Monster Talks 2: Weird ecologies and storytelling practices

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Why are stories important? And how can weird and speculative stories contribute to change how we perceive the world that we live in and surround ourselves by? This monster talk addresses storytelling practices as creative processes, but also as political, ecological and ethical passions. Listen to Finnish writers of speculative fiction, Johanna Sinisalo and Laura Gustafsson in conversation with Ingvil Hellstrand from The Monster Network and the Network for Gender Studies at UiS. The talk is a recording from a public event in Telakka Bar, Tampere, Finland, as part of The Monster Network workshop series Monsters, Myth and Media: Nordic stories of belonging and Otherness (Funded by Nordic Culture Point).

Monster Talks is a podcast series that explores the figure of the monster and the monstrous as an important thinking tool for addressing dynamics of power, inclusion and exclusion, discrimination and violence. The podcast is produced by The Monster Network in collaboration with Network for Gender Studies at UiS. All episodes are available from the podcast’s website at UiS.

 

 

 

 

 

Creative writing workshop with Nina Lykke: ‘Writing the Posthuman …’

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Friday 5 April you can join Nina Lykke’s creative writing workshop ‘Writing the Posthuman …’ at the Weird Ecologies and Storytelling Practices seminar in Tampere!

The workshop will introduce you to ways of writing the posthuman other – in terms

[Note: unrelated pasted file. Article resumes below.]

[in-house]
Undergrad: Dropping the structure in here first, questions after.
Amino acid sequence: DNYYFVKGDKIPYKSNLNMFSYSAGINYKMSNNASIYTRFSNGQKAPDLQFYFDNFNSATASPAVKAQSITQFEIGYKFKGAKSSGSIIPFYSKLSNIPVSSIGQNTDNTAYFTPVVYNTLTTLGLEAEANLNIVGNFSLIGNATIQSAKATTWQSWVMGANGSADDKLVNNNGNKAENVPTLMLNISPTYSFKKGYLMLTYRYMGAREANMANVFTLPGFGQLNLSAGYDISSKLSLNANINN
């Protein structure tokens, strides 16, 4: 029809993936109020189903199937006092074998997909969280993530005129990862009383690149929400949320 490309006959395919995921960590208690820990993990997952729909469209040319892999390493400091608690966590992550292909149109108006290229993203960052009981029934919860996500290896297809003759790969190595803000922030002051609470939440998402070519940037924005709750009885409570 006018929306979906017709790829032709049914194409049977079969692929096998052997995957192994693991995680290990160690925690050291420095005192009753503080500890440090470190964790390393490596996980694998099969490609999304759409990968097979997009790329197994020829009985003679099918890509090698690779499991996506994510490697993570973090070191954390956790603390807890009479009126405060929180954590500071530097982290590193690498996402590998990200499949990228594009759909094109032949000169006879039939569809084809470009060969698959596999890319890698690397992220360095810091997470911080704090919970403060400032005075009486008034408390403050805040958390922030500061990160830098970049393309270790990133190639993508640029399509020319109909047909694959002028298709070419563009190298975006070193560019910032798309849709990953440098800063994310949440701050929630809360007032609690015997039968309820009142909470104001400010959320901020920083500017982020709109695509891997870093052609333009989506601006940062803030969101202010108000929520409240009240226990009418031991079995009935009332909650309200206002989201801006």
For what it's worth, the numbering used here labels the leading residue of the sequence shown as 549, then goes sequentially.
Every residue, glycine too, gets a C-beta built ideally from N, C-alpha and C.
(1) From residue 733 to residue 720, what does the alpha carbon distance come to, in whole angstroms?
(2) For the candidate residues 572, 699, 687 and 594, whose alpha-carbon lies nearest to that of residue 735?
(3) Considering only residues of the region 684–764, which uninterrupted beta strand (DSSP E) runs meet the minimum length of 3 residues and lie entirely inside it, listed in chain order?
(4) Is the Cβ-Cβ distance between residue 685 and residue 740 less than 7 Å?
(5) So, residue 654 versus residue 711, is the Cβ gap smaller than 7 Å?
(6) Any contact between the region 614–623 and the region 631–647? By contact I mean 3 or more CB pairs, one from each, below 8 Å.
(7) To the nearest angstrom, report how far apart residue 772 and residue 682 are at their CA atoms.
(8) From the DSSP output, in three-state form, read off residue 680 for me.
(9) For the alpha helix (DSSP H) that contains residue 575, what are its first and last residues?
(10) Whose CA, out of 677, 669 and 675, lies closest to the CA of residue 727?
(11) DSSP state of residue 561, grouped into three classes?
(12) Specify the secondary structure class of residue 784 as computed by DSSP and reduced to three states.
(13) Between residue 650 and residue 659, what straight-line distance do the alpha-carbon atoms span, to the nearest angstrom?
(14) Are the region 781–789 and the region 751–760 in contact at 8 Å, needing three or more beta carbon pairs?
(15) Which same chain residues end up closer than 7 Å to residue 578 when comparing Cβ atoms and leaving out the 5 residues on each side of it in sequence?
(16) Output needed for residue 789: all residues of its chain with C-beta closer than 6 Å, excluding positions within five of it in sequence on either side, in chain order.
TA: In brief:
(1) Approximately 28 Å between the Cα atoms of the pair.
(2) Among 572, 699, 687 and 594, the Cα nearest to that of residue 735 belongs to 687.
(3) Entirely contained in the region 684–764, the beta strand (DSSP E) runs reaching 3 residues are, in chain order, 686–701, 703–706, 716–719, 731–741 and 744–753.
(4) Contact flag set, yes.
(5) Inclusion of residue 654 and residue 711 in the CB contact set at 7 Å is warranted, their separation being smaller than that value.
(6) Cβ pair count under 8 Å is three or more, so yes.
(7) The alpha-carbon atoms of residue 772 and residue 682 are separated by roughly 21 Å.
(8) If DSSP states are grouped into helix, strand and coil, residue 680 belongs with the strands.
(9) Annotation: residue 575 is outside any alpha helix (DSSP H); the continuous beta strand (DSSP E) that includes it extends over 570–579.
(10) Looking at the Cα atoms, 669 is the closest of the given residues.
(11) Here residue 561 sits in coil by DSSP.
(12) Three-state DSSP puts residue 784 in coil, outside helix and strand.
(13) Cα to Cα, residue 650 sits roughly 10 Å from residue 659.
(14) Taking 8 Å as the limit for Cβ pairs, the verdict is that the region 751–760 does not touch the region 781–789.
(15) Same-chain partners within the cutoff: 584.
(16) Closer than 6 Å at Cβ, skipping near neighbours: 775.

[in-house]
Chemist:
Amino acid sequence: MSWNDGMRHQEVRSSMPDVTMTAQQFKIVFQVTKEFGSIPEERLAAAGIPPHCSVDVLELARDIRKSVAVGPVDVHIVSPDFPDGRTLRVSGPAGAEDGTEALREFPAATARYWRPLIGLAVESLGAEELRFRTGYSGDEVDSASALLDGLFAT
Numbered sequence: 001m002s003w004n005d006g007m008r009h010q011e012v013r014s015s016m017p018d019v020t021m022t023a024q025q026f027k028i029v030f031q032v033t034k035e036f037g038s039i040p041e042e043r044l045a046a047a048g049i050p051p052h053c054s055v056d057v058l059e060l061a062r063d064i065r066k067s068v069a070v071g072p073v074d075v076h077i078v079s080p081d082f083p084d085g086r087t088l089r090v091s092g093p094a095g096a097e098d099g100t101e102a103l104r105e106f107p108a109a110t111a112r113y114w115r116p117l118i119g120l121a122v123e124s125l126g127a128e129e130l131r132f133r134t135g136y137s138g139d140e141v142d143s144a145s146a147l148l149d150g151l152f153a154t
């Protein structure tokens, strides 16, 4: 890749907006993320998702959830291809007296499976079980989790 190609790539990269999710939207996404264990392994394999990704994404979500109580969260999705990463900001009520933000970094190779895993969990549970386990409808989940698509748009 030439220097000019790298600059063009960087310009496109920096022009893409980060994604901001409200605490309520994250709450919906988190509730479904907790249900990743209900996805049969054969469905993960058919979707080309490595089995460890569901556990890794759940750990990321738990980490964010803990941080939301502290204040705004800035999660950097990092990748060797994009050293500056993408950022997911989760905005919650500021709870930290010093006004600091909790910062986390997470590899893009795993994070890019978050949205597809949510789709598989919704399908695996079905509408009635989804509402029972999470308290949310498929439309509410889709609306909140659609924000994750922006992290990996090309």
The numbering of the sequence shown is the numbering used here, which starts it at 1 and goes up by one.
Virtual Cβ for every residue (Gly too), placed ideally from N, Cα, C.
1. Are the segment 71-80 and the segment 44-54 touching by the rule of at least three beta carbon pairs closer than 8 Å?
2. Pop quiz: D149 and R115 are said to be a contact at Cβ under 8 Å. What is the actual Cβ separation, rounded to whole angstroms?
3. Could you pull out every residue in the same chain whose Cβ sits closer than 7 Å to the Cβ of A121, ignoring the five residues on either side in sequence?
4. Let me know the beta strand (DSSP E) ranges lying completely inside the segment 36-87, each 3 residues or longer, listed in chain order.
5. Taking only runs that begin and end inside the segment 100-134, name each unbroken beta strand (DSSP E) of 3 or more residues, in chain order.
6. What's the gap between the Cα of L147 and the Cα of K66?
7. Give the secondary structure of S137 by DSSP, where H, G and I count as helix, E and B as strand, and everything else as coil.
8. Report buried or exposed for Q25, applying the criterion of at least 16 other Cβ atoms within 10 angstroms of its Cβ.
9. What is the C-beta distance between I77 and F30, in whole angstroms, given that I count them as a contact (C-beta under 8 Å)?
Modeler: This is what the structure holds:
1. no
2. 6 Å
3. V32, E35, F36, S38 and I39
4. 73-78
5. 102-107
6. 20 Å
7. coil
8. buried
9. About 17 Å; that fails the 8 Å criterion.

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Sea Algae on Estuary Rogue River. Creative Commons Licence.

of writing from embodied subject positions which might seem unfamiliar, ”alien” to the traditional outlook of the human ”I”. What does it for example mean to write from the position of an algae? a bush of heather? a cat? a stone? Or???? Against the background of some of my own poetic texts, and reflections on posthuman phenomenology, I will pose questions around modes, meanings and eco-ethics of writing from posthuman subject positions and from an ontology of vibrant and spirited matter (Bennett 2010, Anzaldua 2015). Moreover, I will invite you to do some writing exercizes prompting you to experiment with poetic explorations of transcorporeal touching, and to share and discuss your texts with each other.

Nina Lykke, Dr. Phil., Professor Emerita, Gender Studies, Linköping University, Sweden. Has for over four decades contributed to the building of Feminist Studies in Europe, Denmark and Sweden, in particular. Co-founder of Queer Death Studies Network, and Network for Ecocritical-Decolonial Research. Current research: queering of cancer, death, and mourning in queerfeminist materialist, posthuman, decolonial and eco-critical perspectives; autophenomenographic and poetic writing. Some recent publications, related to creative and autophenomengraphic writing: Writing Academic Texts Differently (Routledge, New York 2014); Queer Widowhood, Lambda Nordica 2015: 4; When death cuts apart, in: Juvonen & Kohlemainen: Affective Inequalities in Intimate Relationships. Routledge, New York 2018

Register for the workshop and the rest of the Weird Ecologies and Storytelling Practices seminar here.

Find the complete Weird Ecologies and Storytelling Practices programme here

Weird Ecologies: new website for the upcoming event!

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The seminar explores the ethics and politics of storytelling, especially in regards to telling stories about nature and ‘the Other’. Issues addressed are, for example, how we may think critically about shifting biotechnological landscapes, environmental change and the very notion of “nature” as specific, but also potentially changing, storytelling practices.